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Figure 4. ManLAM- and PIM-mediated activation of TLR4 and TLR2 reporter cells.

HEK-Blue™-hTLR4 (A) and HEK-Blue™-hTLR2 (B) cells were stimulated overnight with reciprocal dilutions of LPS (A), Pam3CSK4 (B), ManLAM from M. bovis (B) or H37Rv (A and B), or PIM (A and B). TLR4- and TLR2-mediated NF-κB activation was monitored by detection of NF-κB-controlled alkaline phosphatase secreted to the culture medium. EC50: half maximal effective concentration.

https://doi.org/10.1371/journal.pone.0042515.g004

To further confirm that cytokine induction in DCs by ManLAM was not mediated by contaminating LPS, we examined the impact of the ManLAM-specific MAb KITB24, directed against the arabinomannan moiety on the H37Rv ManLAM-induced production of TNF and IL-12p40. Pre-incubation of our in-house H37Rv ManLAM with sub-molar amounts of MAb KITB24, but not with an irrelevant isotypic control MAb, abolished the ManLAM-induced production of TNF from DCs and reduced IL-12p40 secretion by 50%, but did not affect the LPS-induced production of the respective cytokines (Figure 5). Next, we examined the effect of the ManLAM-specific MAb on the “endotoxin-like” activity of ManLAM in the LAL assay. It is well known that both LPS and ManLAM are positive in this test [43] therefore we tested if activity detected in the LAL test could be blocked by the ManLAM-specific MAb KITB24. We found that while KITB24 MAb, even at a very low molar input ratio to ManLAM considerably (60%) reduced the ManLAM-associated activity it had no effect on the endotoxic activity of LPS in the LAL assay (Figure 6). Different concentrations of LPS and ManLAM used in this test were dictated by the sensitivity limits of the test and were chosen to fit in the linear phase of the standard curve.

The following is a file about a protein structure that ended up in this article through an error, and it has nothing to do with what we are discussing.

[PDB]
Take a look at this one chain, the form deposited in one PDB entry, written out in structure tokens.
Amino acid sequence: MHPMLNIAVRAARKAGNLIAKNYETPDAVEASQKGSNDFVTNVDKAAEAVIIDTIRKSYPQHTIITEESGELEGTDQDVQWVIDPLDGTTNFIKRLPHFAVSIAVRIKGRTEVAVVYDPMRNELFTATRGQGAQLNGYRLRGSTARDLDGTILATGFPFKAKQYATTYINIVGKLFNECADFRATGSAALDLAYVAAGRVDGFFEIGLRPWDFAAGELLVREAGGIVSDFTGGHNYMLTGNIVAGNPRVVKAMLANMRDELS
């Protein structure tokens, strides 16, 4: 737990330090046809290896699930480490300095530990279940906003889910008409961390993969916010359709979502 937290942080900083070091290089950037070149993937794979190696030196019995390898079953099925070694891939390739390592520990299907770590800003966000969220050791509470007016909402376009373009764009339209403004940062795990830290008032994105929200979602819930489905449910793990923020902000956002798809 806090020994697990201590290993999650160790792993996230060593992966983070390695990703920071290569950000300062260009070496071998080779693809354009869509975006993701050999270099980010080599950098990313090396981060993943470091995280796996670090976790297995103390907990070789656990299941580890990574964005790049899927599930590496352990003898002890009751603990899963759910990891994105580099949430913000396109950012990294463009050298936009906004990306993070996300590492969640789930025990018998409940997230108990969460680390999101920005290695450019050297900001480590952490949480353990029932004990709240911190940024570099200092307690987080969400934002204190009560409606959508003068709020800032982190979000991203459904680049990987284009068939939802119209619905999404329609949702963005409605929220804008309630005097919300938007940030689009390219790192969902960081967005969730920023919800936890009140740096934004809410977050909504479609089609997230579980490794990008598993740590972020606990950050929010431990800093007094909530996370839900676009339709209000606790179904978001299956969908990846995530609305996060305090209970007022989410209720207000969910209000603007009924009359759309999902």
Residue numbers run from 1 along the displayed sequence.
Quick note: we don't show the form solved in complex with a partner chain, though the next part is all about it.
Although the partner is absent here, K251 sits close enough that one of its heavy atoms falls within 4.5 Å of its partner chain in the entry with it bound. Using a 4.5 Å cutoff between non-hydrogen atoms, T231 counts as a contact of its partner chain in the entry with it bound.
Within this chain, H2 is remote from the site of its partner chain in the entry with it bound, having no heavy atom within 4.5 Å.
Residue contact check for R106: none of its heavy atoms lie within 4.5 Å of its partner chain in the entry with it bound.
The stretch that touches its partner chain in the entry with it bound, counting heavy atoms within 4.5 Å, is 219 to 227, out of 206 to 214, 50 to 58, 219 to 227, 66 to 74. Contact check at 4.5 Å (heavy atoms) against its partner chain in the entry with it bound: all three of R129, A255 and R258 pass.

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Figure 5. Inhibition of ManLAM-induced production of pro-inflammatory cytokines in DCs by ManLAM-specific MAb.

ManLAM from Mtb H37Rv and LPS were pre-incubated for 1 h with ManLAM-specific MAb (KITB24) or isotype-matched control MAb. Next, MAb pre-incubated glycolipids (ManLAM and LPS at the concentration of 10 µg/ml and 100 ng/ml, respectively) were added to immature DCs and 12 h production of TNF (A) and IL-12p40 (B) was estimated in supernatants by ELISA. Experiment was carried out in triplicates, values are mean ± SD. Two-tailed, unpaired t-test was used to assess the statistical significance (***P<0.001).

https://doi.org/10.1371/journal.pone.0042515.g005

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Figure 6. Limulus amebocyte lysate (LAL) assay of ManLAM.

H37Rv ManLAM (1 µg/ml) and LPS (1 ng/ml) were tested for their activity in the LAL assay. Activity expressed as concentration of endotoxin in pg/ml was calculated according to the endotoxin standard included in the kit. In addition, in order to assess whether ManLAM associated activity in the LAL assay could result from LPS contamination, both lipoglycans were incubated for 1 h prior to LAL assay with ManLAM-specific MAb (KITB24) or isotype-matched control MAb. Experiment was carried out in triplicates, mean values ± SD are shown. t-test was used to assess the statistical significance of differences between indicated pairs (**P<0.01).